What is e-mobility? The future of our transport lies in batteries.
What exactly is e-mobility?
You can hardly open any magazine or news site these days without coming across the topic of electromobility or e-mobility.
If you immediately think of fully electric cars, you are not the only one to make this mistake. E-mobility is a term that covers a surprisingly wide range of meanings. Not tomorrow, but right now.
E-mobility is the collective term for vehicles, boats and aircraft that are partially or fully powered by electricity. They get their energy from the electricity grid and store it 'on board', in most cases in a lithium-ion battery.
Let us first look at the different categories of electrically powered vehicles. We will also explain a few abbreviations that are often used when talking about this subject.
Some umbrella terms are EV - Electric Vehicles and EFV - Electrified Vehicles. These both have several subcategories:
- Passenger vehicles
- Battery Electric Vehicles (BEV)
- Plug-in Electric Vehicles (PEV) - electric vehicles with plugs
- Plug-in Hybrid Electric Vehicles (PHEV) - hybrids with plugs
- Hybrid Electric Vehicles (HEV) - hybrids without plugs
In addition, there are:
- Passenger Light-Duty Vehicles (PLDV) and light commercial vehicles (LCV); mopeds and golf carts.
- Electric and hybrid trucks
- Passenger Light-Duty Vehicles (PLDV) - cars for passenger transport and Light Commercial Vehicles (LCV); mopeds and golf carts
- Electric and hybrid trucks
- Electric and hybrid buses
- Construction equipment vehicles (diggers, dump trucks, loader cranes, etc.) and goods handling vehicles (such as forklifts, internal transport, street sweepers, etc.)
- iWheels: electric mopeds and motorcycles (two or three wheels), e-scooters, Segways, hoverboards, mobility scooters, one-wheelers, etc.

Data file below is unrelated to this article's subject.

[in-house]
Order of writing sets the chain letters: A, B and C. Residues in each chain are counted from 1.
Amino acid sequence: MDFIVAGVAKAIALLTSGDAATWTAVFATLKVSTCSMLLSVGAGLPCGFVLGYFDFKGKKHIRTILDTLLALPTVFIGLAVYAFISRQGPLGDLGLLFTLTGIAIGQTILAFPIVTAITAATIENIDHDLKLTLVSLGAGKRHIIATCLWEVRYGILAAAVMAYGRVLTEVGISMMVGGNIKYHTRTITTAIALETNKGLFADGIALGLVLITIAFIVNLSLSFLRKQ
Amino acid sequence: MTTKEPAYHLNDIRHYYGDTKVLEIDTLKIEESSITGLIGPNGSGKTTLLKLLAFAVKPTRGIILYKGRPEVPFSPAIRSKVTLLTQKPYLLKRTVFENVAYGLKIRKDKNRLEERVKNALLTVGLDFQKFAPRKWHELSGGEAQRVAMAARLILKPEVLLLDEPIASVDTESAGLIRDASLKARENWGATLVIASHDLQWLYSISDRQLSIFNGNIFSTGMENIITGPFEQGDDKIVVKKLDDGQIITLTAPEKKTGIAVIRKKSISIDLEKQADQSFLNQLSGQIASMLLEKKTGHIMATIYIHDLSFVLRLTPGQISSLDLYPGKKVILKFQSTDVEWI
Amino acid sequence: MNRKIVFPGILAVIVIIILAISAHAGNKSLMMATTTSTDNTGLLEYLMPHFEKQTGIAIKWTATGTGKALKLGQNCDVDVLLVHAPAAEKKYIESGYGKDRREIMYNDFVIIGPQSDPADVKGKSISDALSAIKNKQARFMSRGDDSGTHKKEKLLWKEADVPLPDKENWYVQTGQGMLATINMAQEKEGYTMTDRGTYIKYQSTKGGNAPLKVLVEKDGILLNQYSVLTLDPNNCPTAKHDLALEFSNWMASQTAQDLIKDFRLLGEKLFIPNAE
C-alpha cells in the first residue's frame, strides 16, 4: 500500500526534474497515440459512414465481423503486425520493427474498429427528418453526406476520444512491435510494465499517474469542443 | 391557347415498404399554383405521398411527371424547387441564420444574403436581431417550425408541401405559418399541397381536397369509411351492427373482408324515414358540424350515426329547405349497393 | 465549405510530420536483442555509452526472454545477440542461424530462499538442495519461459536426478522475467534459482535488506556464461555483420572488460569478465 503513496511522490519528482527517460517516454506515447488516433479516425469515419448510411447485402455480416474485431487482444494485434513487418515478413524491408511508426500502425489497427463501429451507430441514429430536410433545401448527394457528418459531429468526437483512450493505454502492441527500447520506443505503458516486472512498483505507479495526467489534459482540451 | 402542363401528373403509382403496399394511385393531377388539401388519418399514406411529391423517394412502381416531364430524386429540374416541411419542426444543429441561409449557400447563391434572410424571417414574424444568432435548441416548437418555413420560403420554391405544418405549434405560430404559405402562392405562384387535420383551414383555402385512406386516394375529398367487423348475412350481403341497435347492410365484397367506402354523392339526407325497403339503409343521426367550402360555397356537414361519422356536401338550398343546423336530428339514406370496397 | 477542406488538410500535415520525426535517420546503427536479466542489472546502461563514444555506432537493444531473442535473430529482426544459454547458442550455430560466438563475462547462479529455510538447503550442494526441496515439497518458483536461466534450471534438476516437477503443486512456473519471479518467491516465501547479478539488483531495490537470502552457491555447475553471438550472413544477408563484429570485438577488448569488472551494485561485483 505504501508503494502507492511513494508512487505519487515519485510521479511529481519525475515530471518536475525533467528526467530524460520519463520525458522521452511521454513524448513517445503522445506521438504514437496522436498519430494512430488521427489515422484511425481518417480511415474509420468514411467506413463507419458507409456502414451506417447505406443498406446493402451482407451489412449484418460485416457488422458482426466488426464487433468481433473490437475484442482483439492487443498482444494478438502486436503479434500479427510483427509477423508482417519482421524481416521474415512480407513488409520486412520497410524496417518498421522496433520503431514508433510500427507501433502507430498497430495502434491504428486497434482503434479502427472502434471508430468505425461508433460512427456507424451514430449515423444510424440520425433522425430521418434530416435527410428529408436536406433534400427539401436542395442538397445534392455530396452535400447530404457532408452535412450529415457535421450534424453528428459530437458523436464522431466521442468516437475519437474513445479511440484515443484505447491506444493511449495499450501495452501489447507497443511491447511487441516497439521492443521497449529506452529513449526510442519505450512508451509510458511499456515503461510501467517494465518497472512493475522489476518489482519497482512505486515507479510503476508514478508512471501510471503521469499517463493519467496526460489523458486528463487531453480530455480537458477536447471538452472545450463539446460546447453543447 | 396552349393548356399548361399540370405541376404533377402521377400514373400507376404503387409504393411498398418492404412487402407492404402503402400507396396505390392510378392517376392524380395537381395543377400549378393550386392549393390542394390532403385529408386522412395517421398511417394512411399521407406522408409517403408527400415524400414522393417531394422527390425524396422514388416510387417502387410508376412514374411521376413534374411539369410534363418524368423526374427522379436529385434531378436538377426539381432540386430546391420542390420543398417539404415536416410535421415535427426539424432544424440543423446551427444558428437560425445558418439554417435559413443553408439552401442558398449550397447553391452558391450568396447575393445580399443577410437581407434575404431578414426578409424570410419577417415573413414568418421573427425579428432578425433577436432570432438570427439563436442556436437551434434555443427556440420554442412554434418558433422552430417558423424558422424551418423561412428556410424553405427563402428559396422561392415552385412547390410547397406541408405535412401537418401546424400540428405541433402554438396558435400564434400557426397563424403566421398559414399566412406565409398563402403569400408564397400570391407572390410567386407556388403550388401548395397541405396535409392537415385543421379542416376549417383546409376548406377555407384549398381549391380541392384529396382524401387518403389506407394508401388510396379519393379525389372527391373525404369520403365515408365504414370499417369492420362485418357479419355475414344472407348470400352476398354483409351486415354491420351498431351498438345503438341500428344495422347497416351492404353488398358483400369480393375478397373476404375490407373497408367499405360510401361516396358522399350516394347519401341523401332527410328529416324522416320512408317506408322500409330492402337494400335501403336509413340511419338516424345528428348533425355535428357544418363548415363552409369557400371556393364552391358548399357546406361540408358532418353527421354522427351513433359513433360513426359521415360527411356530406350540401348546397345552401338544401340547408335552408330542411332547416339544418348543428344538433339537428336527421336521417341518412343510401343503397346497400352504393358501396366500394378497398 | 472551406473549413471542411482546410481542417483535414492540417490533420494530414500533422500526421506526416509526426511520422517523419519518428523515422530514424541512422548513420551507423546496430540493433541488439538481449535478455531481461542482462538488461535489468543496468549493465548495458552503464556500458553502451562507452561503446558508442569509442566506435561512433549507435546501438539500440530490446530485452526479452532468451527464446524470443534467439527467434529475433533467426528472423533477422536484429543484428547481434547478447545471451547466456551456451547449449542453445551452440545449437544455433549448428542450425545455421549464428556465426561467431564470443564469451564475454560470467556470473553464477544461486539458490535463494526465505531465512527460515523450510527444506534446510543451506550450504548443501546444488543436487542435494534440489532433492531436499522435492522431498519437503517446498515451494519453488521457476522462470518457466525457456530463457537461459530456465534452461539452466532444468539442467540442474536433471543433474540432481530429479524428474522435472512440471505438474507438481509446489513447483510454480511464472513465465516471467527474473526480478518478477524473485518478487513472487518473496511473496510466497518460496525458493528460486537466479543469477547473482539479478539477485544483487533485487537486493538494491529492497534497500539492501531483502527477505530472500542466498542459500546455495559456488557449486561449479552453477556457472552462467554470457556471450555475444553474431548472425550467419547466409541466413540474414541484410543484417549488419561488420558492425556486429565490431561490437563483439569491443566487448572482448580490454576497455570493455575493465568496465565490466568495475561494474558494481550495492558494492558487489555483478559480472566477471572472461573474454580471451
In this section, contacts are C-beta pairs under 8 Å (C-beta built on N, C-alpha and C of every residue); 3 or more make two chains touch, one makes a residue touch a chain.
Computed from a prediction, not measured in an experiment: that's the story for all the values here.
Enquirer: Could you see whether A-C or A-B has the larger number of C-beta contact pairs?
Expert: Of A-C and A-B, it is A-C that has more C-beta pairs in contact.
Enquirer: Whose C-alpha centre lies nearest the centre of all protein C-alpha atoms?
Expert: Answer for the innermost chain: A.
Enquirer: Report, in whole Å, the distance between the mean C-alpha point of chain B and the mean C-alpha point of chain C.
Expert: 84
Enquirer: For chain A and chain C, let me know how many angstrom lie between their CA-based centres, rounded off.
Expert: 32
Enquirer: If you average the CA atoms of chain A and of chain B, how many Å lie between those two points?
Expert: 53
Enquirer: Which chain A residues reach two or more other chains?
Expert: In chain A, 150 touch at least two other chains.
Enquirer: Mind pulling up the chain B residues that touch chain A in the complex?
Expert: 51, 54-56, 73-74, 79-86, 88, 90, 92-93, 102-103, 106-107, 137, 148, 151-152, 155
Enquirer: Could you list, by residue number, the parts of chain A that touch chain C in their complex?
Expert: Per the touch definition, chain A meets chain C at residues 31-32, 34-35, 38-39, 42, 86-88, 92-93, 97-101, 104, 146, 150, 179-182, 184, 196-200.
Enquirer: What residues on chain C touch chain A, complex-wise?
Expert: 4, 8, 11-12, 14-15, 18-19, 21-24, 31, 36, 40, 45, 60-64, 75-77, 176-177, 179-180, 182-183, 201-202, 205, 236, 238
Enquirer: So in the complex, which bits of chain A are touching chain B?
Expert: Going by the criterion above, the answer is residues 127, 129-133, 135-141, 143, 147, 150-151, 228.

- Electric bikes (from city bikes, recumbent bikes, pedelecs to cargo bikes or carrier cycles)
- Drones, models, microlights and other small aircraft
- E-yachts or pleasure craft, including inland shipping vessels and boats for freight transport
The main reason for the growing popularity of e-mobility is that electric vehicles meet the low-emission standards that are becoming increasingly important in protecting our climate. However, they also have some other advantages: they are quiet, energy-efficient and they offer many possibilities in bustling city life. Think, for example, of electric shared scooters that are popping up all over our cities, getting city dwellers from A to B quickly and efficiently.
Lithium-ion batteries: the light, powerful driver of e-mobility
The connecting thread through all these categories is that (almost) all of them are powered by rechargeable lithium-ion batteries. These are powerful batteries with a high energy density.
Almost all of them, because modern drones, model planes and other radio-controlled electronics nowadays mostly run on a LiPo battery under the hood (link in dutch). LiPo stands for lithium-ion polymer, powerful batteries that are much lighter than NiCd (nickel-cadmium) and NiMh (nickel metal hydride) batteries. Not unimportant when it comes to aircraft.
The LiPo battery is a special kind of battery, one ‘with a manual’. Remember that LiPo batteries are known mainly for their large capacity per weight and the fact that they can be charged up quickly, generally in 1.5 hours. However, this means that they have to be handled with the requisite care. So please do handle with care. You can read more in this blog post (link in dutch).